Referring to FIGS. 1-3, the driving force in a railgun may be determined by the equation: ##EQU1## here: F = force in Newtons;

L' = the inductance gradient of the railgun in Henry's/meter;

I = the gun current in amps;

m = the projectile mass in kilograms; and

a = acceleration in meters per second2.

The inductance gradient (L') of coaxial railgun 10 may be determined by the equation: ##EQU2## here: μ0 = the permeability of free space = π·10-7 ;

b = the inner diameter of the outer electrode (30 millimeters); and

a = the outer diameter of the inner electrode (20 millimeters).

L' therefore equals: 0.081×10-6 H/m.

For an ideal railgun, the required drive voltage (37 V") is established by the relationship:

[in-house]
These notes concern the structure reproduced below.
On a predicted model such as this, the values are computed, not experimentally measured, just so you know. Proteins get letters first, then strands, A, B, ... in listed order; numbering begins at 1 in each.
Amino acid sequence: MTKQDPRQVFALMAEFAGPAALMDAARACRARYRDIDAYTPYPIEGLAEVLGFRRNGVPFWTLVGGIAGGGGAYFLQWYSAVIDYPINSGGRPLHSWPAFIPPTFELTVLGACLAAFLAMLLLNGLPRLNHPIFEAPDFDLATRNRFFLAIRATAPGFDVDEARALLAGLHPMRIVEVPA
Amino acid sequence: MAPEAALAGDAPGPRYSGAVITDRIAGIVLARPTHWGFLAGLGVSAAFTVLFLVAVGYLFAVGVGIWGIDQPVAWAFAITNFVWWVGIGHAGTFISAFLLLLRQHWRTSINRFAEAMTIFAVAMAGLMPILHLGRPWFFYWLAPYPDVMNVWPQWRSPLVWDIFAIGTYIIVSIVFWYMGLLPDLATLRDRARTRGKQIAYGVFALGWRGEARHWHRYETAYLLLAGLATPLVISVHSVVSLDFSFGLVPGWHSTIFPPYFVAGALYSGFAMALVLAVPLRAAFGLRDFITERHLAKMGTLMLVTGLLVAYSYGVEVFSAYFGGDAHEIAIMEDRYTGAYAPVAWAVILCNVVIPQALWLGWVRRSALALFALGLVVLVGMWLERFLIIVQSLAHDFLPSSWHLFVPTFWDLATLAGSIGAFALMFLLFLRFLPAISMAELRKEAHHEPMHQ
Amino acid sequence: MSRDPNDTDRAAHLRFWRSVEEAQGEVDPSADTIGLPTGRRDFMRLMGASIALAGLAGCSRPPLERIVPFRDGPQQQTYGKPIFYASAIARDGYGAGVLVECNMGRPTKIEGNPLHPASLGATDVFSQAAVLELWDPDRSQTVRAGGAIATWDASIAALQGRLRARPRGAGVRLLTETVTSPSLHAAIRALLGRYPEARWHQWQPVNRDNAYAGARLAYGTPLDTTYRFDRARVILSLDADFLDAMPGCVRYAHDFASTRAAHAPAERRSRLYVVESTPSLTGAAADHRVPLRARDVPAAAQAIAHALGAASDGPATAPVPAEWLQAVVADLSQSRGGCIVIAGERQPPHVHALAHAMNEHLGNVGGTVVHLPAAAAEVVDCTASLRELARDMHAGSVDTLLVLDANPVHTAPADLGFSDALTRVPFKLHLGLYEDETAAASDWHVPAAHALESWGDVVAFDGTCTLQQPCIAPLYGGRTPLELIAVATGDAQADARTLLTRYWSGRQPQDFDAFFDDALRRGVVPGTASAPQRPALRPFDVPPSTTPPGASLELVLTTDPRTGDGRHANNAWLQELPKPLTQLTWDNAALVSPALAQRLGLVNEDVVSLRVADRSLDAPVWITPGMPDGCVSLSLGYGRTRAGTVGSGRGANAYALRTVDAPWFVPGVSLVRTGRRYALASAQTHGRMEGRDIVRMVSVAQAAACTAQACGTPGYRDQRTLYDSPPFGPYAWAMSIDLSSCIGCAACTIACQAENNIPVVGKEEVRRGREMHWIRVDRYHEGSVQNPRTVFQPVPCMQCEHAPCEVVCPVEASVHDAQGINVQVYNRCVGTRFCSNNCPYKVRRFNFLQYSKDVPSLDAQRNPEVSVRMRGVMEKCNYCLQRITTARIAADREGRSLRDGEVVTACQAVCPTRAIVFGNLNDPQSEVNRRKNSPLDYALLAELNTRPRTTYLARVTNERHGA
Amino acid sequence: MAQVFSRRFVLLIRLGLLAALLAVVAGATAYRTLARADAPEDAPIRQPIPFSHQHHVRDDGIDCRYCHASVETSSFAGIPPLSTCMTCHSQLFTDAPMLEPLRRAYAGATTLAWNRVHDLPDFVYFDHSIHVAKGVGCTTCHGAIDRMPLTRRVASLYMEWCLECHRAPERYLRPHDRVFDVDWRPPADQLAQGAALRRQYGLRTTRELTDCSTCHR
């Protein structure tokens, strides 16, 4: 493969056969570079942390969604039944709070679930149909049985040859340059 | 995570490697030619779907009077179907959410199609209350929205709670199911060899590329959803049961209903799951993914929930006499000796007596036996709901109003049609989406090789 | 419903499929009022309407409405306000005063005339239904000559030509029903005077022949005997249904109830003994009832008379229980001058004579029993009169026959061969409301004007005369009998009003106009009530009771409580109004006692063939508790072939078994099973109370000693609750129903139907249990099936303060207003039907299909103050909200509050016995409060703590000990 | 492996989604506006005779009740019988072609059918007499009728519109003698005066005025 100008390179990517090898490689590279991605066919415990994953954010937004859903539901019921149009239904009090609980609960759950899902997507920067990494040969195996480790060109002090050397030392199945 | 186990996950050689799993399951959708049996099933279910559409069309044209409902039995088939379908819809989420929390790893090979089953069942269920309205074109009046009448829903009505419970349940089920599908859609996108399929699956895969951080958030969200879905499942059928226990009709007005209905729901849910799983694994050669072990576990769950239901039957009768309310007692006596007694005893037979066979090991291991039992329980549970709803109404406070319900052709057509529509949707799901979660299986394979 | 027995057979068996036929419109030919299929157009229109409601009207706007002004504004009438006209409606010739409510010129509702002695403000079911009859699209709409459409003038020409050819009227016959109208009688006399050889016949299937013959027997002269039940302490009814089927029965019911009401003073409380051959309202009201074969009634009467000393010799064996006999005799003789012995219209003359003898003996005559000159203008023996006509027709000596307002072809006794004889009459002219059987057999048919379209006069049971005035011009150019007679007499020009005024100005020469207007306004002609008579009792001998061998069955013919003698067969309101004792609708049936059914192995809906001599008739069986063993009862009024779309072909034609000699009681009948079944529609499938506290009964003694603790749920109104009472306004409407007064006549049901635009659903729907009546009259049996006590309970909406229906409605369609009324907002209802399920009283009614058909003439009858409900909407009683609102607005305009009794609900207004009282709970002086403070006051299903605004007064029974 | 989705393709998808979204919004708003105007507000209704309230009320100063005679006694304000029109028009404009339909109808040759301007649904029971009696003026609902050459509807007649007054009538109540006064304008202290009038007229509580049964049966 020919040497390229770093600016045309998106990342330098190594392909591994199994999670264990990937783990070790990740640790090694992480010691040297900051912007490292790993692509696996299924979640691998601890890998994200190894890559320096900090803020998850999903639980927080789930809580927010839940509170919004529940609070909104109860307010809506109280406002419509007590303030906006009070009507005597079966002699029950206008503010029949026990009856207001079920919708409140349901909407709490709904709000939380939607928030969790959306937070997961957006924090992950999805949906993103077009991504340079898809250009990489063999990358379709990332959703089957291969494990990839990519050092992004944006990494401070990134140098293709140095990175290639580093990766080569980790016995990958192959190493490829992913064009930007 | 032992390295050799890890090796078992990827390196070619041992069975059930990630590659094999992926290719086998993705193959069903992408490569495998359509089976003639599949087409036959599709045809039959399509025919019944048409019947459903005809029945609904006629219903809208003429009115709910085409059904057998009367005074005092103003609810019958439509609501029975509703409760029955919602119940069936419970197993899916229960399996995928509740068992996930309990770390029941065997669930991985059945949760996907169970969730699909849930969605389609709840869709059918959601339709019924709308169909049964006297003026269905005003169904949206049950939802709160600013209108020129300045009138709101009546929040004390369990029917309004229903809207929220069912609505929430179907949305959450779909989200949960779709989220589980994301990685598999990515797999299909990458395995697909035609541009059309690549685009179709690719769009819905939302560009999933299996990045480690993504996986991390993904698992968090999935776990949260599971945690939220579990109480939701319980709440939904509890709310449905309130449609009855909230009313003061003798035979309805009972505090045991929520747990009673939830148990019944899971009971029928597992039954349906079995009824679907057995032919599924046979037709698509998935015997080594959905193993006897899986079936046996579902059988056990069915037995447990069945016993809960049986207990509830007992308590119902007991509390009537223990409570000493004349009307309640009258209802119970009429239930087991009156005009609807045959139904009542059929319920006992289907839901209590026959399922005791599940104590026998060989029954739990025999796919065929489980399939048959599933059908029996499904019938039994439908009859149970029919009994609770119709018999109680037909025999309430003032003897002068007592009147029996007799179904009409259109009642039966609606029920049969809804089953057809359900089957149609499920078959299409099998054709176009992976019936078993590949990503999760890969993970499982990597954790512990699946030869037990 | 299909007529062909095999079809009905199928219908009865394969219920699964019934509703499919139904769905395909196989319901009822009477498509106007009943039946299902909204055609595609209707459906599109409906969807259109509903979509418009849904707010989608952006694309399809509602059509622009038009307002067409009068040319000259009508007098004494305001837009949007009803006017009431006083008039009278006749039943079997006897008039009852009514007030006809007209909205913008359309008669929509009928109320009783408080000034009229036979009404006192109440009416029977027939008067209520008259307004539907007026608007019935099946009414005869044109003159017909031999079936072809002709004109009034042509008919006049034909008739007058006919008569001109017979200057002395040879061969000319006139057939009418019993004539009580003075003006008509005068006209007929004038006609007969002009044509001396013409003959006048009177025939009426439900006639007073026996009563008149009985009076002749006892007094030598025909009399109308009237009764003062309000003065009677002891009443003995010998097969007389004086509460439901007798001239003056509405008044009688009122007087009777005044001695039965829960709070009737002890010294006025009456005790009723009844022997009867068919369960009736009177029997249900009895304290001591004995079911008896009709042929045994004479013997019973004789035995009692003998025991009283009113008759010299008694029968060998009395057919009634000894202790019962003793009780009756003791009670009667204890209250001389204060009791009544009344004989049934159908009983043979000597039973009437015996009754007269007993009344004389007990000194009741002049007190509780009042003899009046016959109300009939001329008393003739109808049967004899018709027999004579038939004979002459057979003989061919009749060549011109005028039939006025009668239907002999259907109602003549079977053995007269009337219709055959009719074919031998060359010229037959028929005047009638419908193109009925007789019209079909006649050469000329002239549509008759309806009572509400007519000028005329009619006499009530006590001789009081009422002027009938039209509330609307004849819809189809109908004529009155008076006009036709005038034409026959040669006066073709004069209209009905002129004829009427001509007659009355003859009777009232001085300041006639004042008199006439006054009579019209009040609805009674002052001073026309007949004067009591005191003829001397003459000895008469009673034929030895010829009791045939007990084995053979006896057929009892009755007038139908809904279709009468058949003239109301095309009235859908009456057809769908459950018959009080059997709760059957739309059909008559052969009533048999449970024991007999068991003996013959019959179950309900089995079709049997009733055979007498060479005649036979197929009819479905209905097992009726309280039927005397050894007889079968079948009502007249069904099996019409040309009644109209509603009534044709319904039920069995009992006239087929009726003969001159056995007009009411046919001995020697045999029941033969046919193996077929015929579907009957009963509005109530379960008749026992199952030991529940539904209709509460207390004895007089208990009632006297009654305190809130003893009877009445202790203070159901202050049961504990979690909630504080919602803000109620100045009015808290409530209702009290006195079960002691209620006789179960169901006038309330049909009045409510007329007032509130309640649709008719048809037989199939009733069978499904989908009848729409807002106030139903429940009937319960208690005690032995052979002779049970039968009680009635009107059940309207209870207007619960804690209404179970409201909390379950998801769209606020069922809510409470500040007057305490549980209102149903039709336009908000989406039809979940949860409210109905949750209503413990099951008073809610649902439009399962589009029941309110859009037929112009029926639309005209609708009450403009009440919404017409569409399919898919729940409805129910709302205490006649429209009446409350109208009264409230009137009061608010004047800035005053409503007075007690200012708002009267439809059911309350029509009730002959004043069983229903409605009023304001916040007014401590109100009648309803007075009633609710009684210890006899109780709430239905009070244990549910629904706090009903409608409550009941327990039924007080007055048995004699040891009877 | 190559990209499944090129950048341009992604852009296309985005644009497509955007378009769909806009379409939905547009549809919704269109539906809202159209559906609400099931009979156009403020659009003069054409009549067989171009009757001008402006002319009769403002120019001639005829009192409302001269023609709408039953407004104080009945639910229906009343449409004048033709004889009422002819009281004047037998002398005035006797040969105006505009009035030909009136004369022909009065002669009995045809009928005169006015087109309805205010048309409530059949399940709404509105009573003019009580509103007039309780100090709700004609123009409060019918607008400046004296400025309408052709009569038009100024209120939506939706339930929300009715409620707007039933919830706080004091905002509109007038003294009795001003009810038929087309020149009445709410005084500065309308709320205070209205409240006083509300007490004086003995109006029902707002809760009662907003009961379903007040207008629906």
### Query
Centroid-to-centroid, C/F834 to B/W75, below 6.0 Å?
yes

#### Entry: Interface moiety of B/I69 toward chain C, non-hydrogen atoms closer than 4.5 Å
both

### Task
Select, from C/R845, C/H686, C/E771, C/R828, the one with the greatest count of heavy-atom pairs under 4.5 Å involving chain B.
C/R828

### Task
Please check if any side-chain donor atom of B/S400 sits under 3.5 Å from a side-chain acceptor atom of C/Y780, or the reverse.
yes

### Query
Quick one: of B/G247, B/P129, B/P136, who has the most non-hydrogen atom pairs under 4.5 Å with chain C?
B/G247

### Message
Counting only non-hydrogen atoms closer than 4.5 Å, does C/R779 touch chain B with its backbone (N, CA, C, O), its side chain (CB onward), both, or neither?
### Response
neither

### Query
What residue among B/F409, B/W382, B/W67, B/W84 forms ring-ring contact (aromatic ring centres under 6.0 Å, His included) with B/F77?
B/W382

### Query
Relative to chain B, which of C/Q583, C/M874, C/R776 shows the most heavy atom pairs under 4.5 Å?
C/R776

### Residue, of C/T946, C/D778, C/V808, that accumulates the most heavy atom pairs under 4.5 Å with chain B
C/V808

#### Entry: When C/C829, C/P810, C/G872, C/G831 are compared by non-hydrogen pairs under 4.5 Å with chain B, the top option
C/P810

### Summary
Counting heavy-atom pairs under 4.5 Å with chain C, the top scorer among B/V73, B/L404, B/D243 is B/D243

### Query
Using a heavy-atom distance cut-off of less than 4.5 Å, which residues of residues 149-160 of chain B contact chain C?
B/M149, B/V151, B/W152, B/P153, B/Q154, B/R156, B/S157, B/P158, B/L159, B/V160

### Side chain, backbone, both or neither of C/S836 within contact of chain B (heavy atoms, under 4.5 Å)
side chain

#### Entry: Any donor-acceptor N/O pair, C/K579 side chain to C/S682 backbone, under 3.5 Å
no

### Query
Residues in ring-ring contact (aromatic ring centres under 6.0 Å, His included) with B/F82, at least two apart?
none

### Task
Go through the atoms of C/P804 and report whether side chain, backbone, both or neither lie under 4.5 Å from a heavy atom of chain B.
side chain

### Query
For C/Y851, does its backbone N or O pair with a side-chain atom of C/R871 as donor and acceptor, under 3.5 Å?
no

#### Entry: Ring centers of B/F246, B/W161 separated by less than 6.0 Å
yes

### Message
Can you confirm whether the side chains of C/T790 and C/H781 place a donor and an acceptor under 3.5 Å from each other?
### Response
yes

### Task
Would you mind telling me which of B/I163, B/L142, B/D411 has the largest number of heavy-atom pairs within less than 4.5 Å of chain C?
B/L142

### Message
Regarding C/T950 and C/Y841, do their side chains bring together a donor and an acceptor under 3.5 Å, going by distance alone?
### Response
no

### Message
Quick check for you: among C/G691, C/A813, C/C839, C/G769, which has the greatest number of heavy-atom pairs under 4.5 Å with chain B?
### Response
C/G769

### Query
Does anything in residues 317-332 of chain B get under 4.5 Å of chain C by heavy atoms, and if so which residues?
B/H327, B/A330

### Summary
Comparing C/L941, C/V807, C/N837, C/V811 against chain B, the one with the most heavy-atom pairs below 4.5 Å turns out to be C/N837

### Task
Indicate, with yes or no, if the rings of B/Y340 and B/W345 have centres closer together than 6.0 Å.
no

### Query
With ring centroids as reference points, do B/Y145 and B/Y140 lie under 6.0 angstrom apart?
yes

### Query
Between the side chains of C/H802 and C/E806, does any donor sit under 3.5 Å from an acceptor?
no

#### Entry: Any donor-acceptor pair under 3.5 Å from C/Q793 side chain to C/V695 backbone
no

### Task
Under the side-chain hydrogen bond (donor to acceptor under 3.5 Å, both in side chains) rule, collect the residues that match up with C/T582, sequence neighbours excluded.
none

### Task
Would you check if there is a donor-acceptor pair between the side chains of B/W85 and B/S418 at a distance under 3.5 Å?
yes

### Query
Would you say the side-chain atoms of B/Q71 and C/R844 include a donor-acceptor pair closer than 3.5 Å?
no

V=L'Iv                                                     (3)

here: v = the velocity of the projectile.

In actuality, some additional voltage will be required to overcome dissipative of losses in the railgun. Such additional voltage, however, should be minimal relative to the speed voltage.

In a first example of the operation of coaxial railgun 10 and projectile 36 as described above, wherein the projectile is fired in response to a peak speed voltage of 243 volts and a gun current of 1×106 amps, the projectile will reach a velocity of approximately 1 kilometer per second with a kinetic energy of 0.12 megajoules.

In a second example, wherein projectile 36 is fired in response to a peak speed voltage of 729 volts and a gun current of 3×106 amps, the projectile will reach a velocity of approximately 3 kilometers per second, with a kinetic energy of 1.1 megajoules. Thus, for a three-fold increase in the gun current, the speed of the projectile will similarly be increased three-fold, but the kinetic energy of the projectile will increase by a factor of 9.